If you are a veteran or currently in active duty service and planning to transition to civilian life, you are entitled to numerous benefits through the Department of Veterans Affairs. Military service members play a vital role in serving their country, and they are rightly rewarded with benefits like health care, financial aid for education, VA-backed mortgages, pension options, life insurance, and more.
Veterans and their families make sacrifices that benefit all Americans. The federal government, along with state and local agencies, work to offer a range of resources and services that they may access throughout their lifetime as a token of gratitude.
- VA Education Benefits
- VA Disability Benefits
- VA Health Benefits
- VA Benefits for Family Members
- VA Burial Benefits
- VA Life Insurance Benefits
- VA Pension Benefits
- VA Employment Benefits
- Entrepreneurial Benefits for Veterans (VA and SBA)
Most of these benefits are only available to those who were discharged from their service for other than dishonorable conditions. This could be an Honorable Discharge, General Discharge under Honorable Conditions, or a Medical Discharge. However, if you did receive an Other Than Honorable (OTH) Discharge, you may still be able to receive a VA benefit depending on your circumstances.
One major draw of getting into military service is the financial aid available for education after you’ve been discharged. The VA education benefit is commonly referred to as the GI Bill, though this is an umbrella term for any educational benefits offered through the VA. These are available to all active duty service members, veterans of the military, Reserves, or National Guard, and in some cases their family members.
The most widely used education benefit is the Post 9/11 GI Bill, intended to help those who have served 90 or more active duty days since the September 11th attacks. This bill provides varying levels of aid depending on your service record but includes tuition assistance of up to 100% of tuition (if you’ve served at least 36 months), housing allowances, and money for books and supplies.
These funds can only be used for qualifying educational programs that have partnered with the VA, but most people find that their program of interest is covered at an institution in their home state. Program choices include vocational training, traditional college and university degree programs, work-study programs, and apprenticeship programs. It can also cover costs like relocation if you live in an area without a lot of higher-education options and need to move to a new city or state where your desired program is offered.
Veterans who do not need these funds or only use a portion of them have the option to transfer any remaining funds to their spouses or dependent children, though certain restrictions apply. Usually, the qualifying service member must agree to additional years of service and the new recipient must enroll in the Defense Enrollment Eligibility Reporting System (DEERS) though many will already be if they receive TRICARE health coverage.
Related to the GI Bill and educational funding is the VetSuccess on Campus program (VSOC), associated with the VetSuccess vocational rehabilitation and training program. This program aims to help veterans transition from military to college life through the use of on-campus counselors and disability accommodations for vets with service-related disabilities. They also help transition students once they graduate out of college and transition into the workforce into meaningful careers. The VSOC is available at over 104 colleges and universities across the U.S.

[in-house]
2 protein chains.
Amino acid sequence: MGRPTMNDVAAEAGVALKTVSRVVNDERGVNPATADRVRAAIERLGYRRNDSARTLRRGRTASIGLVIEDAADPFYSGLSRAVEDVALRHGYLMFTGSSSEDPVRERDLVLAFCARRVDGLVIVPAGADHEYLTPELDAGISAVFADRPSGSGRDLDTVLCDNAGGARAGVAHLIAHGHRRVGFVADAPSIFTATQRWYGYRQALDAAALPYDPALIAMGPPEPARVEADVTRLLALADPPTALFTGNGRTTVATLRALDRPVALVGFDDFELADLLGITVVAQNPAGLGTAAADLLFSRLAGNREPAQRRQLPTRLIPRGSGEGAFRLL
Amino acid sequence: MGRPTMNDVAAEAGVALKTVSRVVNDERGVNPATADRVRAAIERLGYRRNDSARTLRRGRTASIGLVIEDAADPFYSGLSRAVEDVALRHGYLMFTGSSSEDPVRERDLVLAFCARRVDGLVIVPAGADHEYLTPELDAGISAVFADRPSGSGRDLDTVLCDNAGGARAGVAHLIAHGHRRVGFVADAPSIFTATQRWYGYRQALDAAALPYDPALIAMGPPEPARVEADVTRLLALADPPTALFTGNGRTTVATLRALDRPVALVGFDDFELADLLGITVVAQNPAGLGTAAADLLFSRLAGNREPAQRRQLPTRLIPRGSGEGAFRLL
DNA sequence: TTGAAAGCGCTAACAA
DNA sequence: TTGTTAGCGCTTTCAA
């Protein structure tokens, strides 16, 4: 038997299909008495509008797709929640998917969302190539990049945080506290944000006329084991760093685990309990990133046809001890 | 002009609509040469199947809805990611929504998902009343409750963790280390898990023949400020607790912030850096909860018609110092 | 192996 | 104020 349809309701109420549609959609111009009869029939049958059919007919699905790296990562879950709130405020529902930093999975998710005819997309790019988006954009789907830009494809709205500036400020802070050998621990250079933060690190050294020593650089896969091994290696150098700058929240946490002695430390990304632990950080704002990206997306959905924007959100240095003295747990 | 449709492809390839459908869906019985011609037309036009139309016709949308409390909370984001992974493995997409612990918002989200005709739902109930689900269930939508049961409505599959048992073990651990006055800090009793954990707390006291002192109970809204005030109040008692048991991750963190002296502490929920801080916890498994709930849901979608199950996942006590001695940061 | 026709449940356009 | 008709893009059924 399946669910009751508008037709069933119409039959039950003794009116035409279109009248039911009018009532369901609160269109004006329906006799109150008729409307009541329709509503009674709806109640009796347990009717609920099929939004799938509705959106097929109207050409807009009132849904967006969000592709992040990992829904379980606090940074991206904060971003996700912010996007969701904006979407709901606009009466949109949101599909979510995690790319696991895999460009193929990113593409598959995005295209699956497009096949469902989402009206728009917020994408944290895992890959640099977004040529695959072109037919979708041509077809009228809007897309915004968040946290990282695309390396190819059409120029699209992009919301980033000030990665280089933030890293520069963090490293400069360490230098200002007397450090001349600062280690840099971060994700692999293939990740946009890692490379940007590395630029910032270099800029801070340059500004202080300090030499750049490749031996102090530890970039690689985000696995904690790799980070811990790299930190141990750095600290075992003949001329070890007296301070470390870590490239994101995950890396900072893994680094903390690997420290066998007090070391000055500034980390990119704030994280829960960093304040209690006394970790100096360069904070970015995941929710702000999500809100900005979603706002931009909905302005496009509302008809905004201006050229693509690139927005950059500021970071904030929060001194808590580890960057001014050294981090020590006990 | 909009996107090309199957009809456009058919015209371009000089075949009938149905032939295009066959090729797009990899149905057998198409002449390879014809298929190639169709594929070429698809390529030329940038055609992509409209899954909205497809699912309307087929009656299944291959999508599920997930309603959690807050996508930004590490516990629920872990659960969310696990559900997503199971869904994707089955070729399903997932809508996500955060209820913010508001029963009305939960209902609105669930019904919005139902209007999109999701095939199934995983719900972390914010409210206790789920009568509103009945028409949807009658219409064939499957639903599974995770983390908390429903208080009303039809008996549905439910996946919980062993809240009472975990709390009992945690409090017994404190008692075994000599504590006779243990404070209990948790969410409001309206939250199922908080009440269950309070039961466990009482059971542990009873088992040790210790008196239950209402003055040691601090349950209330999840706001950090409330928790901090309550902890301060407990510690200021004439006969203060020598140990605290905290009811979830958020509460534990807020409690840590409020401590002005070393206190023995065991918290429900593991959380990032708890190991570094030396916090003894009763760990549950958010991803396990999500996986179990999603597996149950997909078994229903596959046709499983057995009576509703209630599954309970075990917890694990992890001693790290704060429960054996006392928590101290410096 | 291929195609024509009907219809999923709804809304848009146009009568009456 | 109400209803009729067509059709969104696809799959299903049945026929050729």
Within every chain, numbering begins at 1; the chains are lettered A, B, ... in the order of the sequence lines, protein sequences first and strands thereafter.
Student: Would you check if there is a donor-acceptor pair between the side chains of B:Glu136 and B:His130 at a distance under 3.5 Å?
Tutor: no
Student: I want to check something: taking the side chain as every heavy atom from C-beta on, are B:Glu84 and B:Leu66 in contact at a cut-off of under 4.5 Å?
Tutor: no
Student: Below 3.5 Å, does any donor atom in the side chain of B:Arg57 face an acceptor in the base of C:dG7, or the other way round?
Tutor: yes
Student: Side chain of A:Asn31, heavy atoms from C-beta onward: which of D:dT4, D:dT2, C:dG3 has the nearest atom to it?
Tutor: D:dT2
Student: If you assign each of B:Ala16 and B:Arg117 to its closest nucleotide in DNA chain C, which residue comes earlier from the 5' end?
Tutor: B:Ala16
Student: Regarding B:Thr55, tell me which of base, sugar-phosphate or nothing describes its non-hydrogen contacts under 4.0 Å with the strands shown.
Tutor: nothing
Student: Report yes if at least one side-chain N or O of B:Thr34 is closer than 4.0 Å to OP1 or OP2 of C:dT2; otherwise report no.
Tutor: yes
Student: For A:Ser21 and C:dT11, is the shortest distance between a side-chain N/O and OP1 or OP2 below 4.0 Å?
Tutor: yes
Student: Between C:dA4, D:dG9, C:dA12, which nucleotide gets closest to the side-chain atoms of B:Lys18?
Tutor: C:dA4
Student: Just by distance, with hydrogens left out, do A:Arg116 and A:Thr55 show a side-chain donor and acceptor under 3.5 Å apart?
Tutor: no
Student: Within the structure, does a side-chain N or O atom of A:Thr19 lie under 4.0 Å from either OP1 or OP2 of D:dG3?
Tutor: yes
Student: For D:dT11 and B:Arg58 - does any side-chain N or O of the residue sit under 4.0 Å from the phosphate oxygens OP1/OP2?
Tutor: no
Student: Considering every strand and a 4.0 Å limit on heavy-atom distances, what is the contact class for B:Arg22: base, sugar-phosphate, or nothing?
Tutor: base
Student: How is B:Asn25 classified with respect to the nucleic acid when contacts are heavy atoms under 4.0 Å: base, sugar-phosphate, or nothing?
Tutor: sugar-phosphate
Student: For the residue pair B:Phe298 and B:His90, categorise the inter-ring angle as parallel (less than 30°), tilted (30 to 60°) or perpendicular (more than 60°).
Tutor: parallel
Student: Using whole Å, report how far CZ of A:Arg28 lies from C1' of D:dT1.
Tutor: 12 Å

Some veterans may be able to access extra funding for tuition and fees through the Yellow Ribbon Program aimed at covering costs that the Post 9/11 GI Bill does not. Yellow Ribbon focuses on private, foreign, graduate schools, and higher-cost out-of-state schools that normally wouldn’t qualify for financial aid. These benefits are generally reserved for those with longer service records, those who have received the Purple Heart medal, and those who were discharged due to a service-connected disability.
Unfortunately, many vets leave their term of service with a service-connected disability. This can be a condition that either happened while you served and because of your duties, a condition that you had before you entered service but that worsened or was exacerbated because of your service, or a condition that didn’t appear until after your service ended but is still related to your time of active duty.
Most eligible veterans must have been discharged under anything but dishonorable conditions to get a disability benefit. However, those with a less than honorable discharge may be able to apply for a discharge upgrade or request a VA Character of Discharge review if they feel their dishonorable discharge was unwarranted. Discharge revisions occur for several reasons, such as having a mental health condition or traumatic brain injury at the time your initial status was determined, being the victim of sexual harassment or assault that resulted in a negative status, or if you were discriminated against due to your sexual orientation.
VA disability compensation benefits provide a monthly stipend to qualified veterans and monthly payments will depend on the disability rating and household dependents. All disabled veterans receive a rating from the VA that depends on the severity of their condition and can range from 10% (least severe) to 100% (most severe). The VA then uses this percentage to determine your compensation rate. Once you get your rating, and if it’s at least 10% you should get your first disability payment within 15 days either by direct deposit or check.
Some veterans will be able to qualify for benefits by submitting documentation from their current doctor, but others will have to undergo a VA claim exam (also called a compensation and pension exam, or C&P exam) to accumulate more medical evidence about their condition. Those with more than one disability will use a combined rating system to determine their rate of pay. These benefits are usually available to all vets for as long as they have their disability or until their death.